The complexity of photocathode designs and detector materials, and the need to model their performance for short pulse durations, the response to high-frequency photons, the presence of coatings and/or thinness of the absorptive layer, necessitates modifications to three-step and moments models of photoemission that are used in simulation codes. In this study, methods to include input from computationally intensive approaches, such as density functional theory to model optical properties and transfer matrix approaches to treat emission from the surface or transport past coatings, by means of parametric models are demonstrated. First, a technique to accurately represent optical behavior so as to model reflectivity and penetration depth is given. Second, modifications to bulk models arising from the usage of thin film architectures, and a means to rapidly calculate them, are provided. Third, a parameterization to model the impact of wells associated with coatings and surface layers on the transmission probably is given. In all cases, the methods are computationally efficient and designed to allow for including input from numerically intensive approaches that would otherwise be unavailable for simulations.

## I. INTRODUCTION

Models of photo-excitation and electron transport are needed to predictively estimate the quantum efficiency $QE$ and emittance $\epsilon n,rms$ of photoemitters with coatings or heterostructures that meet the needs of future x-ray free-electron lasers such as the *Linac Coherent Light Source II* (LCLS-II) and *Dynamic Mesoscale Material Science Capability* (DMMSC) xFELs.^{1–3} The same methods are argued to be useful to respond to the demands of other technologically important applications and developments, such as (i) beam optics codes, such as MICHELLE^{4–8} for the treatment of pulsed or density modulated beams, (ii) simulations treating emission through and from negative electron affinity (NEA) and/or roughened surfaces and semiconductors,^{9–18} (iii) simulations in which processes generate a range of photon energies in exotic bulk materials that leads to internal photo-excitation effects as in detectors, photovoltaics, and optoelectronic devices,^{19,20} (iv) photo-enhanced emission mechanisms for materials with coatings or heterostructures used for energy conversion,^{21,22} and (v) photoemission processes modified by multi-photon emission,^{23} short pulse effects,^{24,25} or rapid heating from high intensity lasers.^{26–28} Such examples share one or more features of light absorption over a range of energies, transport within bulk materials, and/or electron emission through or past surfaces with coatings or heterostructures in a manner that complicates phenomenological models often used to treat photoemission and generally referred to as Three-step Models (TSMs)^{29–34} or Simple Moments models (SMMs).^{35,36}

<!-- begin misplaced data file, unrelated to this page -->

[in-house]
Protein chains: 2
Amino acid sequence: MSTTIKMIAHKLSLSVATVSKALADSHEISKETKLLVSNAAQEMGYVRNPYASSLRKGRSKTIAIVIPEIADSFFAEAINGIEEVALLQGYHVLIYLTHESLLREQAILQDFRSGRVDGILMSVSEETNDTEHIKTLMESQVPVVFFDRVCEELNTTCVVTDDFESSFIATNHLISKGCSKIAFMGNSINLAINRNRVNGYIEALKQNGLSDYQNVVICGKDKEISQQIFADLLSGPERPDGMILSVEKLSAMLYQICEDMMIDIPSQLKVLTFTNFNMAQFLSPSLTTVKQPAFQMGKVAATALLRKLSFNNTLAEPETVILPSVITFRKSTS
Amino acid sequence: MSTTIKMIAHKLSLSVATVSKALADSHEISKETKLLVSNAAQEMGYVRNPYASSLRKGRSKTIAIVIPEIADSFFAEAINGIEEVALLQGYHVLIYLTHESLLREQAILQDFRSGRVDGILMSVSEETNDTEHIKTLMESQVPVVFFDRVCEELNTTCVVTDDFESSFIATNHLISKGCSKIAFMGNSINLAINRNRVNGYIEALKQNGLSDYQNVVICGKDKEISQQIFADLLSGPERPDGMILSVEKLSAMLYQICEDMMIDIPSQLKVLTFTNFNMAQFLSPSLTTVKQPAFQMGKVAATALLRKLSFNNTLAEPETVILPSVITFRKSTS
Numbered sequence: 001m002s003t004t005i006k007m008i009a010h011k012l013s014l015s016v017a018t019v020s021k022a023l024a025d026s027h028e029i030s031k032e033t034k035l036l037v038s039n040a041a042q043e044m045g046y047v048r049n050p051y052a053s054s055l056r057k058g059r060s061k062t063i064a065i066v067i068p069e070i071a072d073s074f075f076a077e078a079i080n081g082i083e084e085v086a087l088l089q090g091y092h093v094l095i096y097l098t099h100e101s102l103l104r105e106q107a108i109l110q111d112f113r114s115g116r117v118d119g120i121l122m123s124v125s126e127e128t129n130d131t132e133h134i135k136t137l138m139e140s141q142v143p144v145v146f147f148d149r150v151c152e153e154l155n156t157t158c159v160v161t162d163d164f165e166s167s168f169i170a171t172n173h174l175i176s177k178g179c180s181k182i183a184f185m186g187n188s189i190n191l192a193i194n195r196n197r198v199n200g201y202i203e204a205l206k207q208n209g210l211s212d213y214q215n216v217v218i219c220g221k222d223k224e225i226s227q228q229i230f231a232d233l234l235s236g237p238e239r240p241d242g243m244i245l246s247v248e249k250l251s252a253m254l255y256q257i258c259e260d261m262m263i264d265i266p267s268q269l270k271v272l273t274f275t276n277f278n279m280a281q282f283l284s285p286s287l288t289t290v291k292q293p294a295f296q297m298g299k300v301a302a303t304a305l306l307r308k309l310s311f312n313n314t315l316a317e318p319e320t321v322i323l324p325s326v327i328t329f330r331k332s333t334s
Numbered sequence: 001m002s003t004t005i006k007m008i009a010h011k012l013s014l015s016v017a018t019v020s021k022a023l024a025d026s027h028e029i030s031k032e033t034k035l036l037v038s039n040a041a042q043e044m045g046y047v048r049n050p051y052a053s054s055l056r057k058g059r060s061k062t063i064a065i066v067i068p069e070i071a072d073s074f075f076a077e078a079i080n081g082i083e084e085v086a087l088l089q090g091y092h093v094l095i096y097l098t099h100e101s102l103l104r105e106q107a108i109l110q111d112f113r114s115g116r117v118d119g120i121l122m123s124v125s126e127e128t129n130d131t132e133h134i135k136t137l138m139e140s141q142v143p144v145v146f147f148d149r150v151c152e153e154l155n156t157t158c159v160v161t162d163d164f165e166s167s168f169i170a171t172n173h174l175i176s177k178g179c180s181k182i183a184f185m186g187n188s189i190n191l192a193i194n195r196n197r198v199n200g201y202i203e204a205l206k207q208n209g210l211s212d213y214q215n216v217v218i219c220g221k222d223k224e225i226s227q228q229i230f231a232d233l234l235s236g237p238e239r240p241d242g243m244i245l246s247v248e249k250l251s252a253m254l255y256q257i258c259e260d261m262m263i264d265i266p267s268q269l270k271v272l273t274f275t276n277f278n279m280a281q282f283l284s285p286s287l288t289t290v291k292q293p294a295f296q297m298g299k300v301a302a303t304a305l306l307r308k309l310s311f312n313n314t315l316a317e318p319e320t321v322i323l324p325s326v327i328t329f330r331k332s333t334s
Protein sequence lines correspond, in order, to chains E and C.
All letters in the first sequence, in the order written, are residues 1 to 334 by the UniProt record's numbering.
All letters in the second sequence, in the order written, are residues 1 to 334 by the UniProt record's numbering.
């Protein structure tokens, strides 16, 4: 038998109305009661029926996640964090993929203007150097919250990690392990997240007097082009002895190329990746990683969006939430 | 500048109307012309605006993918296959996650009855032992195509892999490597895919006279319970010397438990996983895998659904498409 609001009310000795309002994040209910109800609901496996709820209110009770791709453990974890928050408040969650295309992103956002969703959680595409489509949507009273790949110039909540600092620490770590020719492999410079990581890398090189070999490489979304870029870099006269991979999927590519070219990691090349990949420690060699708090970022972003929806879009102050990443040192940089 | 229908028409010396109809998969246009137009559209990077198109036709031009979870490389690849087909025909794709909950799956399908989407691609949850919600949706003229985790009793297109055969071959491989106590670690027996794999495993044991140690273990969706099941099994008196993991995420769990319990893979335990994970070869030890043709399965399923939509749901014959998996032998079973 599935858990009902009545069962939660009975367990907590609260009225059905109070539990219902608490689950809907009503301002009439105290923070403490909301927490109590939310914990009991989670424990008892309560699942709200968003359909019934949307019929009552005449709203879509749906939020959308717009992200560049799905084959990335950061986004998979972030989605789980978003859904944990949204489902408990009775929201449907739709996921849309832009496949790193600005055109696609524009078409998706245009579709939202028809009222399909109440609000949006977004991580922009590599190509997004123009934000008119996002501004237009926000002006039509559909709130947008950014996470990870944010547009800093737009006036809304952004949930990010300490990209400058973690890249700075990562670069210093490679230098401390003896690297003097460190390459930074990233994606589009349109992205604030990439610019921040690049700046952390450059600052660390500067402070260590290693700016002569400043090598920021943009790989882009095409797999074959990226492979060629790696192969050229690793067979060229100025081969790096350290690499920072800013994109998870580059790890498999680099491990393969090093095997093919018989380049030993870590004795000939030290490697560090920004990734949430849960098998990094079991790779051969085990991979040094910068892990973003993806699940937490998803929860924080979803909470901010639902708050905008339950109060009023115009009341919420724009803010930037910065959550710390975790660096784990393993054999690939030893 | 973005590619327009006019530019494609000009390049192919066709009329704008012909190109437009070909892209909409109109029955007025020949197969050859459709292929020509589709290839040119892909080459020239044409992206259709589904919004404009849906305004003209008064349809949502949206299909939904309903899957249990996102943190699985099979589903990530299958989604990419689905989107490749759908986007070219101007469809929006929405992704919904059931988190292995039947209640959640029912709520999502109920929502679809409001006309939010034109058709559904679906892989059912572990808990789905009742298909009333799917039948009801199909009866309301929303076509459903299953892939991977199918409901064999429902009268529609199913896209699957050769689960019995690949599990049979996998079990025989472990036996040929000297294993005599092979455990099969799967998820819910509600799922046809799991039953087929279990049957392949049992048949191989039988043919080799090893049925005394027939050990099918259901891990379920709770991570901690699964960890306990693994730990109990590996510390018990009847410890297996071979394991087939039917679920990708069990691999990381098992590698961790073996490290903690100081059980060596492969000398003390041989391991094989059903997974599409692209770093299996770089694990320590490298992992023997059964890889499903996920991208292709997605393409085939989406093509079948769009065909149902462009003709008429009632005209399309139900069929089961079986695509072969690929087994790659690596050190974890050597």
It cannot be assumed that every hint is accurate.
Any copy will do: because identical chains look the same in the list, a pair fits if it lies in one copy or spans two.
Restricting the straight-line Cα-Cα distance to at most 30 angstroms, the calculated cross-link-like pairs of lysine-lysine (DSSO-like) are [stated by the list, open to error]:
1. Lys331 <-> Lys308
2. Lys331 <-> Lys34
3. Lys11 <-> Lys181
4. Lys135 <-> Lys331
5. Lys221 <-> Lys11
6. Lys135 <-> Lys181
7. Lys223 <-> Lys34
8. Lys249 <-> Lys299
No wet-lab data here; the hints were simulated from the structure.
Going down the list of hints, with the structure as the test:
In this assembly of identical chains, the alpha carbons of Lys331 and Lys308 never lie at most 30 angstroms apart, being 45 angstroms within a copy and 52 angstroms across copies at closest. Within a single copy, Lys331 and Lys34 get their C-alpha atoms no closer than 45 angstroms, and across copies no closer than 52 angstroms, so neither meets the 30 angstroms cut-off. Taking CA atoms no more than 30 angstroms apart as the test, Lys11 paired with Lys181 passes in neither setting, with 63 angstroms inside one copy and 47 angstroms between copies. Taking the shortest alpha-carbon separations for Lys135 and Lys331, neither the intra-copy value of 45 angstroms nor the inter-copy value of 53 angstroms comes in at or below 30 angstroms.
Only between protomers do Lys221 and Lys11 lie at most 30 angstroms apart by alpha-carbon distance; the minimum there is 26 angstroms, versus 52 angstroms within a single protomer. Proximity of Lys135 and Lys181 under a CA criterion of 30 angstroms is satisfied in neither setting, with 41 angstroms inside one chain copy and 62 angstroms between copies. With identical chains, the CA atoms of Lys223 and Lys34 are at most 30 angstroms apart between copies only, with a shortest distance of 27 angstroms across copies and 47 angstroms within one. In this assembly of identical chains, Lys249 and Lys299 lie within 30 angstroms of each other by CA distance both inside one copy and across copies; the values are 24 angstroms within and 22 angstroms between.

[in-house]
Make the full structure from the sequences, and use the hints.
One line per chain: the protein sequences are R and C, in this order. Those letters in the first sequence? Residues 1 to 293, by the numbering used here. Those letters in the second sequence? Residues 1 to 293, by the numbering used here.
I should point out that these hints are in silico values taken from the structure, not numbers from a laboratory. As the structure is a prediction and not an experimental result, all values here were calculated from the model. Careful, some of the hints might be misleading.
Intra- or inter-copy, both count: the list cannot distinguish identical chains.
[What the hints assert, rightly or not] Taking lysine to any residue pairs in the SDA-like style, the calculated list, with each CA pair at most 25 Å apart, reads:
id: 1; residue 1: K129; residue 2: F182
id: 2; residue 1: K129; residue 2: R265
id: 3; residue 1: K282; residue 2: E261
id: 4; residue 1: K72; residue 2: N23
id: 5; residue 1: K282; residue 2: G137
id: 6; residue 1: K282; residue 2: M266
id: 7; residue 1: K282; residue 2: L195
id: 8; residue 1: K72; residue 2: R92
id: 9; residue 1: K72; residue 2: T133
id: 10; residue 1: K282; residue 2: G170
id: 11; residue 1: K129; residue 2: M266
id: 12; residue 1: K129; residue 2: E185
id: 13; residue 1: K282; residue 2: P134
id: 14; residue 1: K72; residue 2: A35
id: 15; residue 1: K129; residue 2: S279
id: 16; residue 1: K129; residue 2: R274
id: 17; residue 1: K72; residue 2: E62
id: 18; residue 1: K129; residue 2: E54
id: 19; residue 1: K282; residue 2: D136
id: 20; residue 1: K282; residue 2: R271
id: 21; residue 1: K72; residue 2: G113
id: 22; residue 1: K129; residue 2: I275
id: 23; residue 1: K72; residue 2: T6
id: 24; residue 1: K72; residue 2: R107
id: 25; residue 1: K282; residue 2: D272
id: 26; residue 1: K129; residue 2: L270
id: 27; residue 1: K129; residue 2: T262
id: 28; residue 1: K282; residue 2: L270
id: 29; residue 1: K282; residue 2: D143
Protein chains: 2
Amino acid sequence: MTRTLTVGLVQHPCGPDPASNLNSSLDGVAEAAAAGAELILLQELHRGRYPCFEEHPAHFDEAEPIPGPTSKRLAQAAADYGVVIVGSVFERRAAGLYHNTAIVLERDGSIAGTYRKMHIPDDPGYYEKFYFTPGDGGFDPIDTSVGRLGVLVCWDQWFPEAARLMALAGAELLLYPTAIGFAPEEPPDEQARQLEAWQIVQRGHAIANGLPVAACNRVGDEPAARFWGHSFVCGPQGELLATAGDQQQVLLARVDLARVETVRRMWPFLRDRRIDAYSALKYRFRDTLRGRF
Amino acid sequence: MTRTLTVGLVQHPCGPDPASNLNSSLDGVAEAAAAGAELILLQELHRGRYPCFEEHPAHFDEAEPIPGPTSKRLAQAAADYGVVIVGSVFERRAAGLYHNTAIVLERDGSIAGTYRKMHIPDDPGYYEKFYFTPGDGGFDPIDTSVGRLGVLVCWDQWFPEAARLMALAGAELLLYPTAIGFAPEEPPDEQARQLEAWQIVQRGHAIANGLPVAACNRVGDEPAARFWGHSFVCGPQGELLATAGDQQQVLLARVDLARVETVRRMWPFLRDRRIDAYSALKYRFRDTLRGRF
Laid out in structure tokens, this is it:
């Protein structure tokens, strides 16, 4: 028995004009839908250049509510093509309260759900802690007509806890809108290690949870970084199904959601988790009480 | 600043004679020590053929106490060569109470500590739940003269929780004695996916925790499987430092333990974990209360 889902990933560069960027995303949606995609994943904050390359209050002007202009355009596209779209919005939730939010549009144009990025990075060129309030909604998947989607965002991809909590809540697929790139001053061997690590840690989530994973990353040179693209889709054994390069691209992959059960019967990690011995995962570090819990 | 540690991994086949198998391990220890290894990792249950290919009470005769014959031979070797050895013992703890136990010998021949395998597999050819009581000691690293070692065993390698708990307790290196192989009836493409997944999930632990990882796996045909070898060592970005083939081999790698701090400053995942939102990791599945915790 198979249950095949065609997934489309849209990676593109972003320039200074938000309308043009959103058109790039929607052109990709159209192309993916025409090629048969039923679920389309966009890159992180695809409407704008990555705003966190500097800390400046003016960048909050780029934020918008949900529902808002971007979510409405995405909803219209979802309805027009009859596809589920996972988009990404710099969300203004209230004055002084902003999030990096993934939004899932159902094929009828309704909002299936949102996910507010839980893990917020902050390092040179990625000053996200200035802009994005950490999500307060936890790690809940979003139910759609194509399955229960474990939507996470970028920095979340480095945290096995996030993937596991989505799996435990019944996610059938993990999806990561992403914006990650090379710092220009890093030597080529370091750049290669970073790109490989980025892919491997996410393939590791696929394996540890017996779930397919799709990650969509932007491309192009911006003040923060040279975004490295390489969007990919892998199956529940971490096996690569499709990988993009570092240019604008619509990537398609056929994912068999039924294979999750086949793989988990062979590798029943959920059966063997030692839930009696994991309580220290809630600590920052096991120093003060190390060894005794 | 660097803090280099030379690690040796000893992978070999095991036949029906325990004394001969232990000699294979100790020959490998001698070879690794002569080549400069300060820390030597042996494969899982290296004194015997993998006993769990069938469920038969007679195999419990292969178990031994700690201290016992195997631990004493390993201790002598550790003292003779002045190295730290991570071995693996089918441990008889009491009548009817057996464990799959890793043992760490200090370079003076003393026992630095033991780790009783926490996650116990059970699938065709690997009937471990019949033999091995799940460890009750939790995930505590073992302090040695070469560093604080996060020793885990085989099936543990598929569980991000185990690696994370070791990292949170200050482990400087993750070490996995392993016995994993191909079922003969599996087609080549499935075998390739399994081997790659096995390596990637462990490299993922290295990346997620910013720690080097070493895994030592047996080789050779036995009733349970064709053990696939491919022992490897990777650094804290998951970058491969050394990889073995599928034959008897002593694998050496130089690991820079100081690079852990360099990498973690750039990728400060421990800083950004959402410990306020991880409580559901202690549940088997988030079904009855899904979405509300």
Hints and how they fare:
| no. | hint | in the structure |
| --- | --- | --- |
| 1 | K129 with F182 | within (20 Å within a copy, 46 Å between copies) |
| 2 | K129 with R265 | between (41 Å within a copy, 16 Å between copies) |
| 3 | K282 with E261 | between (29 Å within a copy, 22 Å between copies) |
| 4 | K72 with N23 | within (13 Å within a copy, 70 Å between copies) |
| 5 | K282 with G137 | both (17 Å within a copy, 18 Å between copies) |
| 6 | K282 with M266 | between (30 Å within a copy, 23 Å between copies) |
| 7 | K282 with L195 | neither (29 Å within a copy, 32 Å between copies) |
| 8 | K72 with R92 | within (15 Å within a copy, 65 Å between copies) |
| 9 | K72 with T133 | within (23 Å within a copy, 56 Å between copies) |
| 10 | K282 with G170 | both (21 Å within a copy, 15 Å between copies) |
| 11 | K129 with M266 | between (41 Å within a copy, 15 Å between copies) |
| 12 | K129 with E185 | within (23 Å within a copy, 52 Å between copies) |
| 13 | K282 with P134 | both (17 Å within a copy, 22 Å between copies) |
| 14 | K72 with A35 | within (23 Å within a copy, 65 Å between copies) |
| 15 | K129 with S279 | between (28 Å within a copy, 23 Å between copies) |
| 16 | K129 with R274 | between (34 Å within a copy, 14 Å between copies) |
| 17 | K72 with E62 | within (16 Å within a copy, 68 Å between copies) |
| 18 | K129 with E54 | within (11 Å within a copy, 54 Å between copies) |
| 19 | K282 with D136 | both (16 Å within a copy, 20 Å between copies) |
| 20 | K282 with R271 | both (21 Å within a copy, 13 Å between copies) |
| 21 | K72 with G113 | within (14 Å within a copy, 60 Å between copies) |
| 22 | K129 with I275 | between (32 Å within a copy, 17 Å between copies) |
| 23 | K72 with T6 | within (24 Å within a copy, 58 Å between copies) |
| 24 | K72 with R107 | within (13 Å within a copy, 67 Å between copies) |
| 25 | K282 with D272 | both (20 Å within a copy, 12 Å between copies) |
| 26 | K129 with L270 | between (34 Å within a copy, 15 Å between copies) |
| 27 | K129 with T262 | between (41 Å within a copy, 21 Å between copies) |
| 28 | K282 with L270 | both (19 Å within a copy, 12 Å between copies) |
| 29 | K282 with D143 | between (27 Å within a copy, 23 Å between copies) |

The present work reformulates a program began in a prior work^{37} to upgrade the SMM to account for increasingly complex physics associated with modern photocathode candidates; to enable a better account of the physics of absorption, transport, and emission; and to implement the theory in simulation methods compatible with beam optics code requirements and the utilization of the theory for characterization and analysis of sources. We first briefly recount the application of SMM to bulk materials such as metals (e.g., copper^{34}) and semiconductors (e.g., multialkali antimonoides with or without cesiated surfaces^{38} or graphene layers^{2,39} or perovskites^{20,40,41}), in Sec. II. It then undertakes specific modifications to extend the applicably of the underlying physics models and thereby address opportunities associated with recent developments. In particular, improvements to the SMM will account for materials physics, optical parameters, and scattering; extend the optical models to frequencies for which measured data are not available; evaluate the transmission probability $D(E)$ using exact methods for surface barriers more complex than the simple triangular and metallic (or “Schottky–Nordheim”^{42}) barriers from which analytical models^{43} can be developed; and accounts for modifications associated with thin photocathodes.^{44} Such modifications are needed for modeling photoemission when conditions are rapidly changing because small duration charge bunches^{37} are drawn from metals and semiconductors with coatings and layers.^{2,45–47} The changes fall into five categories: